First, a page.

A good example of how the above plays out can be found in a post titled “Why India-Pakistan World Cup Semifinal Will Belie the Hype.” The author, Sajid Huq, starts with usual trash-talking and says “India will school Pakistan” on Wednesday (interestingly, the author seems to have deleted the remark today).  I don’t have a problem with Huq’s opinion nor am I offended by it.  However, the commentary suffers from the same anti-Pakistani rhetoric found in Biswas’ piece.  I must say that it is interesting how Huq lists Edward Said as one of his favorite authors and yet presents Pakistan through the dirty lens of Orientalism.  Huq paints a glorified image of India while depicting Pakistan as a country “housing terrorists.”  No historical or political context is given on how turmoil and violence has escalated in Pakistan nor is there any mentioning of how US invasion, and occupation in Afghanistan continues to have a disastrous impact on Pakistan.  Huq goes on to boast about India’s scientific and artistic achievements:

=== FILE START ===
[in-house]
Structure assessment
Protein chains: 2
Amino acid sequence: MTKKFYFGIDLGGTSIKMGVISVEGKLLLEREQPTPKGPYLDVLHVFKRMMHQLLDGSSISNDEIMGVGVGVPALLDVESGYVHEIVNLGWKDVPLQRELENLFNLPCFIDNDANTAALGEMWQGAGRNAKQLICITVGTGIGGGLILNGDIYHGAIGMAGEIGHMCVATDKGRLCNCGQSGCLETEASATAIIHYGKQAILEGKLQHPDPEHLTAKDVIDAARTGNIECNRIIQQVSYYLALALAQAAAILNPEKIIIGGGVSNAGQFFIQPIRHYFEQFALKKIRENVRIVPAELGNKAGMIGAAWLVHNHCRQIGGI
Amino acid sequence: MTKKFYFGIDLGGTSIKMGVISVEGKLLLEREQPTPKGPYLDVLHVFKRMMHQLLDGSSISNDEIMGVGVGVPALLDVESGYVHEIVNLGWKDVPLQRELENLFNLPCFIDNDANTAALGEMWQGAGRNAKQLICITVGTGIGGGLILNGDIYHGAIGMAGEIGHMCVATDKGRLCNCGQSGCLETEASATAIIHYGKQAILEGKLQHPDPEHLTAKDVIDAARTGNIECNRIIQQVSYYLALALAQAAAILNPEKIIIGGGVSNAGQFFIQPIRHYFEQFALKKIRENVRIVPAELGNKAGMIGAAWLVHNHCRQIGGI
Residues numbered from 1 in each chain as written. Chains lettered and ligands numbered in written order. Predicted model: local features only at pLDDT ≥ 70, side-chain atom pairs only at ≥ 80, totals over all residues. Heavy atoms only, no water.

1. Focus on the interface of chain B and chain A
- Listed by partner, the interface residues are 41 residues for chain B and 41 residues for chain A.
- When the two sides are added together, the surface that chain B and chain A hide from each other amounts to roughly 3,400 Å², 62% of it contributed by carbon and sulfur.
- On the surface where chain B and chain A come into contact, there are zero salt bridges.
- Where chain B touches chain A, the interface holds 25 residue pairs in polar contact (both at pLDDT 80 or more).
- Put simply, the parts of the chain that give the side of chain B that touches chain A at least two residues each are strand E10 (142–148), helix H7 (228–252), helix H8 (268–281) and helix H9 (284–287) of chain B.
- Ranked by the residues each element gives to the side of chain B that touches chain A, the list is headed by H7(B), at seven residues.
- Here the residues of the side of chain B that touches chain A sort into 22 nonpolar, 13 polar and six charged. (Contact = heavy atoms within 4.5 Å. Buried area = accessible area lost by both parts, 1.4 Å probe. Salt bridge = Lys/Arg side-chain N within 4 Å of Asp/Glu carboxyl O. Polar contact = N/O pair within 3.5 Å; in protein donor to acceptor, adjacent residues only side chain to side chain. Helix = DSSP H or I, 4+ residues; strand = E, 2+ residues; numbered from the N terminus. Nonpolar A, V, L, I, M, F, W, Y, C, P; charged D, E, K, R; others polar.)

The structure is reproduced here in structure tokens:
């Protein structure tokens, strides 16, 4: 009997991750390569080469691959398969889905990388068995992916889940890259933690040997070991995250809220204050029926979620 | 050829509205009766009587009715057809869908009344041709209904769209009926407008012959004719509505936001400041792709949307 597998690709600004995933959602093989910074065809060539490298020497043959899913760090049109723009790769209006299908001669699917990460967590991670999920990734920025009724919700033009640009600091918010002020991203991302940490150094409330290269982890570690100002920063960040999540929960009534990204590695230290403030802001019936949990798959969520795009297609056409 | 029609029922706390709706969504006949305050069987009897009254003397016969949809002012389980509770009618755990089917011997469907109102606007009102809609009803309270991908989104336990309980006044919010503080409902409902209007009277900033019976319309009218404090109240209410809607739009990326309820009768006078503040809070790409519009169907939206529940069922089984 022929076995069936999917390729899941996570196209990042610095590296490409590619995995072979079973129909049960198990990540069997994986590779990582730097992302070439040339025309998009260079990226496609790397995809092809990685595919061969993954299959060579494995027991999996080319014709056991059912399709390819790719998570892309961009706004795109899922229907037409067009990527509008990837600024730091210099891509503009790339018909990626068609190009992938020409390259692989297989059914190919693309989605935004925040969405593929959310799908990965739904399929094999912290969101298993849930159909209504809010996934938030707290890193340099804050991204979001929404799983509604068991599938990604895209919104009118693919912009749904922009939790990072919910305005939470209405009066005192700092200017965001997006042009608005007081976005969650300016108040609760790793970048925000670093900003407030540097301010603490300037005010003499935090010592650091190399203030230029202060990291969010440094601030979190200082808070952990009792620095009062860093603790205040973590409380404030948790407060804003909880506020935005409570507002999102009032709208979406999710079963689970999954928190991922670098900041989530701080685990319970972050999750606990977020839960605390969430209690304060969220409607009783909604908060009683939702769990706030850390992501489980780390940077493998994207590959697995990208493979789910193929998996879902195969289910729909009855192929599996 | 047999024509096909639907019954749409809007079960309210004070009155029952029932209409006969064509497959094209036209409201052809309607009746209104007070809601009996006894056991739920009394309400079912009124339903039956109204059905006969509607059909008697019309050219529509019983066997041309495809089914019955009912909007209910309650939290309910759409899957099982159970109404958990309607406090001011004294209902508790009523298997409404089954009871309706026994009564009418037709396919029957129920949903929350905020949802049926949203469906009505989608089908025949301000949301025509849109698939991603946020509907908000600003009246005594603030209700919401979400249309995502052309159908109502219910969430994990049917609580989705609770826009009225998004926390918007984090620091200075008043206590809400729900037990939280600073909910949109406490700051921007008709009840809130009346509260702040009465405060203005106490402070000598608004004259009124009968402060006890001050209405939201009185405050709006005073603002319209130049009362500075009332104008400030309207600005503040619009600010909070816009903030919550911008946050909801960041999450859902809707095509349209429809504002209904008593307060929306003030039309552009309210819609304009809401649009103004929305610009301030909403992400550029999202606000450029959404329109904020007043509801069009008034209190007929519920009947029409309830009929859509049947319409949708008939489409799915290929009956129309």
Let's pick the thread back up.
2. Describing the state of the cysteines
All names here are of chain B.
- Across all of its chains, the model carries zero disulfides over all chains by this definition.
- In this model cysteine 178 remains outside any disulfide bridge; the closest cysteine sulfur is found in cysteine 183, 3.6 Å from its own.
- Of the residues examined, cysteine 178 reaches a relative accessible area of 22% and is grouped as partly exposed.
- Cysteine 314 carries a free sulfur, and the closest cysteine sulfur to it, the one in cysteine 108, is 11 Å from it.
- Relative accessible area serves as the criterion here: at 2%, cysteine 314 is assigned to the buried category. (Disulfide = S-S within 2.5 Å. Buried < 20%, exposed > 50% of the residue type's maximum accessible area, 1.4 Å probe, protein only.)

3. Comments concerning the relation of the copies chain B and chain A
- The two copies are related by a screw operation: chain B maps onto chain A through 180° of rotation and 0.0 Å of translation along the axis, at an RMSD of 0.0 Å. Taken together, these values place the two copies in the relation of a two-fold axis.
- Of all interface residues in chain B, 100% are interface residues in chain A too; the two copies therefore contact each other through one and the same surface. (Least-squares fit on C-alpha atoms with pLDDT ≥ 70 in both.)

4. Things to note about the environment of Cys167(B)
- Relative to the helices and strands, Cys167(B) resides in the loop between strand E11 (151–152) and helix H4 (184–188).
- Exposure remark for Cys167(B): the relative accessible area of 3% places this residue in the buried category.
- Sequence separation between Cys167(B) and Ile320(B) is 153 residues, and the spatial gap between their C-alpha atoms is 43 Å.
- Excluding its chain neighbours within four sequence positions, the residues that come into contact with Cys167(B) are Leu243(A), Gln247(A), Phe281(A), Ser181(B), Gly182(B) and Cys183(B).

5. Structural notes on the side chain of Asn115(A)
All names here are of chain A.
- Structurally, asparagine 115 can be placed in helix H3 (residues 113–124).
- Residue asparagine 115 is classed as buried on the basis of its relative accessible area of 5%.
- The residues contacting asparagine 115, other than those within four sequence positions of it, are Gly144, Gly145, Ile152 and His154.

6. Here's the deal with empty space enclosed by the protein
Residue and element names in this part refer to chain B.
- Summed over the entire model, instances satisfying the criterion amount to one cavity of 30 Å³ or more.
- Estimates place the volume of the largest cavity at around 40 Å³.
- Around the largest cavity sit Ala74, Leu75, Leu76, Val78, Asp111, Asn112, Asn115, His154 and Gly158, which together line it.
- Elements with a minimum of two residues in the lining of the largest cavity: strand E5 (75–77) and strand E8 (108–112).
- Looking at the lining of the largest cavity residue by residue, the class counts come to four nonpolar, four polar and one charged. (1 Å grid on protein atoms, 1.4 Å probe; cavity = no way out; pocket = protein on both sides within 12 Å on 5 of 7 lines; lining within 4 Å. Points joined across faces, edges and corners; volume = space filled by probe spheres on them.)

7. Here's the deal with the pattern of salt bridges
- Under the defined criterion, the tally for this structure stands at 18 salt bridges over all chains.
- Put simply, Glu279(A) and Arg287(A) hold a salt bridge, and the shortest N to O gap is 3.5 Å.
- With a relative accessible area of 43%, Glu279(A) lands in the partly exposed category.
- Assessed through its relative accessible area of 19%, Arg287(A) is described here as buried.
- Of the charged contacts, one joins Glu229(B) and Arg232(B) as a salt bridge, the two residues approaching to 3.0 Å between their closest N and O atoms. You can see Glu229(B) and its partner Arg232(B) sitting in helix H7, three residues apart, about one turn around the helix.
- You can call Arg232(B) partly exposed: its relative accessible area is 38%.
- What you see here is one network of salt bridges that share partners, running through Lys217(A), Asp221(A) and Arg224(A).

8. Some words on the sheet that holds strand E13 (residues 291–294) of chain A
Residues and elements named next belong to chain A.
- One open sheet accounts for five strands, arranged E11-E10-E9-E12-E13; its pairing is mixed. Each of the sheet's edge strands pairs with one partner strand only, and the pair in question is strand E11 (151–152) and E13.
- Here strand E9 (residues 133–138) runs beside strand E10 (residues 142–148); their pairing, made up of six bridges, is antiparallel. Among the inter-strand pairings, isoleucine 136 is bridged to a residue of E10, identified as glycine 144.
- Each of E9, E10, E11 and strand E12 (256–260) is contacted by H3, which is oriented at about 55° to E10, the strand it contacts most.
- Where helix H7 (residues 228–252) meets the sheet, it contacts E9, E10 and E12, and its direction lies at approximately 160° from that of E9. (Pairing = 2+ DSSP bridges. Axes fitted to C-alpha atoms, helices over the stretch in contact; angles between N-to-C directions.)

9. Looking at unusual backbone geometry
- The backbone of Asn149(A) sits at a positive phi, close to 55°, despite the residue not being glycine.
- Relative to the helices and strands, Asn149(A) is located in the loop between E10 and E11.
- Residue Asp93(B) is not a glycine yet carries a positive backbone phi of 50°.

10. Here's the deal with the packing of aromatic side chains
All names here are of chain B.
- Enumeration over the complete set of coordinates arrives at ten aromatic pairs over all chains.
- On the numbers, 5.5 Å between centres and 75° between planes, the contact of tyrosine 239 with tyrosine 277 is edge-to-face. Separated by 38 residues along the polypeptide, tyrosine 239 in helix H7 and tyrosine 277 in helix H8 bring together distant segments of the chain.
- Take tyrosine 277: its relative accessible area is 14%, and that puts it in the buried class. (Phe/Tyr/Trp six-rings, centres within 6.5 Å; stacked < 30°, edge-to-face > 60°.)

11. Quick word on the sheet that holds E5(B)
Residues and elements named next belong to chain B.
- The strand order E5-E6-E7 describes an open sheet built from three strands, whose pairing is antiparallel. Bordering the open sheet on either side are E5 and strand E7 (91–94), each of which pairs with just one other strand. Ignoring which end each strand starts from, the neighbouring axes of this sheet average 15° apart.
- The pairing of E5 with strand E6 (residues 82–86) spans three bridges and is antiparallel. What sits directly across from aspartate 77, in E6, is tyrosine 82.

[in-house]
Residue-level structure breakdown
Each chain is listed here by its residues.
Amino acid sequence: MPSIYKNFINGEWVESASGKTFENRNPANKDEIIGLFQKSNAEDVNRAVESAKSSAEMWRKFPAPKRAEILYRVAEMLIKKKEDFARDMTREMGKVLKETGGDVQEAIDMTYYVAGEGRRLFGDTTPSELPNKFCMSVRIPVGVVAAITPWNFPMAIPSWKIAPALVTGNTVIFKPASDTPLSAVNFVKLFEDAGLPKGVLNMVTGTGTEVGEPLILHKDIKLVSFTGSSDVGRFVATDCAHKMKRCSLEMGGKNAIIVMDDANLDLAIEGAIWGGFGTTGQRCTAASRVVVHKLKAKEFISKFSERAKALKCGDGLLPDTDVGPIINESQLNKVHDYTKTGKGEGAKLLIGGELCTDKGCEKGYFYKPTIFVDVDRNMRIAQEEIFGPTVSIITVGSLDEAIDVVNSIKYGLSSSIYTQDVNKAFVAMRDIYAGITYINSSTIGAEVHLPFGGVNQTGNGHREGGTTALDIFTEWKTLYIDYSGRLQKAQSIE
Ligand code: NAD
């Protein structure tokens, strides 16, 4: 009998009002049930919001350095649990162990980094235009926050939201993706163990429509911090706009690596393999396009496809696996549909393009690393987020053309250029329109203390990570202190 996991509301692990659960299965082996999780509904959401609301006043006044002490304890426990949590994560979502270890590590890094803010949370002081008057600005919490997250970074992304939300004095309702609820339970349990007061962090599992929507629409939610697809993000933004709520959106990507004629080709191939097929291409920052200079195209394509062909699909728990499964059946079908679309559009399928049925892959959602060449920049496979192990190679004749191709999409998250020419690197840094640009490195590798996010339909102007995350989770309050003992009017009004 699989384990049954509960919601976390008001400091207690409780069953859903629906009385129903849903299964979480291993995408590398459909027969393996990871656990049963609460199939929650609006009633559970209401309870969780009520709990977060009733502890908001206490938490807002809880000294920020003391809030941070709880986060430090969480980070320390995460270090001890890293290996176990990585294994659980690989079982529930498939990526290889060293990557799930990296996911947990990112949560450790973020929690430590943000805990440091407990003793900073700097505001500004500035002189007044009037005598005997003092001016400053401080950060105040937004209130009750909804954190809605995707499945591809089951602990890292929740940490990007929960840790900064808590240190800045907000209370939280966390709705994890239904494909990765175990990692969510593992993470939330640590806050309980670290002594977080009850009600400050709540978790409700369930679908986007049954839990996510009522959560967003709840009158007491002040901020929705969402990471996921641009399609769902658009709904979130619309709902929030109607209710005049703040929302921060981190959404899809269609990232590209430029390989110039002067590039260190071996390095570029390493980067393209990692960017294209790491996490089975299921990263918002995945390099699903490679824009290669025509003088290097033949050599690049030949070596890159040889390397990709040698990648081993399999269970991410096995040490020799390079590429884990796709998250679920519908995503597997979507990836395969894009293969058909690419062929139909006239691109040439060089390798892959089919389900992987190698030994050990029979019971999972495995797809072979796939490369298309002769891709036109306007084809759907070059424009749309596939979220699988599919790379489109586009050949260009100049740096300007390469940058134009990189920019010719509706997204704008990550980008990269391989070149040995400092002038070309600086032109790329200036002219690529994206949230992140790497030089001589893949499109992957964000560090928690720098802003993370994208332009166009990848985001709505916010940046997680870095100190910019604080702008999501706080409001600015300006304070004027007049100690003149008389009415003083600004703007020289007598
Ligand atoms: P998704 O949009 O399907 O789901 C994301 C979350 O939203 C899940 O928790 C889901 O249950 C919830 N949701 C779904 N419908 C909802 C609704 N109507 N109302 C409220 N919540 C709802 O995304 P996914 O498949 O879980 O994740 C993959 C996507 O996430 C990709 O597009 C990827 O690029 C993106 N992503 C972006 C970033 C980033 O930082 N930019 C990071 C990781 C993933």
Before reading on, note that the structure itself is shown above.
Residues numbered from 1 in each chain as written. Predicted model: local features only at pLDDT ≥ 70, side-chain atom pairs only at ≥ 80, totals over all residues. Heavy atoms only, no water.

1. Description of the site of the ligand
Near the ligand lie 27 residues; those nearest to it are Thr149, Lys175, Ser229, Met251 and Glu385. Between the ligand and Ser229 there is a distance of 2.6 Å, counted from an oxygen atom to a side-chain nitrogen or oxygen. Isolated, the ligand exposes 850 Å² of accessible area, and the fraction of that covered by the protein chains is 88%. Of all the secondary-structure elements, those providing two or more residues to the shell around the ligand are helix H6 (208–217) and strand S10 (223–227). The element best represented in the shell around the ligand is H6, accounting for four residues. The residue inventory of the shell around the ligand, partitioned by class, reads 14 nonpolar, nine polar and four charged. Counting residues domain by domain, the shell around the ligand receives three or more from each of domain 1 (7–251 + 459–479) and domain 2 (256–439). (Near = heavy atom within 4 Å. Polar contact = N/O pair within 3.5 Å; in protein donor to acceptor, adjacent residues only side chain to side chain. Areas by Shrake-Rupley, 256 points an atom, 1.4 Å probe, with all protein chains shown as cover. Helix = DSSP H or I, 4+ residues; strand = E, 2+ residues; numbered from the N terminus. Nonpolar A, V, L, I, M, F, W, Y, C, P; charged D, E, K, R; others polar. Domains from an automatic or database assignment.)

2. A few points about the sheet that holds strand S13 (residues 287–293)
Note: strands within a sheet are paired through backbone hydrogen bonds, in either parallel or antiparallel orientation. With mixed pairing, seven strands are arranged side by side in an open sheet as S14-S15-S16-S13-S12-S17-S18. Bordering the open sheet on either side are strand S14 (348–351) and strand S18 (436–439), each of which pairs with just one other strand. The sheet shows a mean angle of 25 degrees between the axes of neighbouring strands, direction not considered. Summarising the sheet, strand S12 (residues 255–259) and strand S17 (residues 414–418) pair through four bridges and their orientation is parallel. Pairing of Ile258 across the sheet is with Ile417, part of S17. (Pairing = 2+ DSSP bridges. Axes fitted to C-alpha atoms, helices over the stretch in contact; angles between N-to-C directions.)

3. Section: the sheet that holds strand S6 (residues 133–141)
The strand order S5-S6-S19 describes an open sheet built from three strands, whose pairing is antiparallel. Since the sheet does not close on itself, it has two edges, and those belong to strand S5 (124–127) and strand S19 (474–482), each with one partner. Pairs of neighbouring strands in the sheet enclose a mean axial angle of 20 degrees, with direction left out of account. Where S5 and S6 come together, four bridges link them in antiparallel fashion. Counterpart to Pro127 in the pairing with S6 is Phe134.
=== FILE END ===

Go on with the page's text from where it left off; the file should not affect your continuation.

India is perhaps at a stage when the international community is more bullish about its markets, more excited about its culture, and generally more pro-Indian than at any stage of the nation’s history. And of course, this has not been a result of plain luck. Indian businessmen have distinguished themselves at an international stage, and noticeably so in the last decade. Indian engineers, doctors, scientists, and even investment bankers have made news and brought tremendous glory to the nation. Bollywood is increasingly an industry that has caught international imagination, as have Indian philosophies, literature, music, and last but not least, the fortune of the cricket team, which has successfully held on to top rankings in most forms of the game.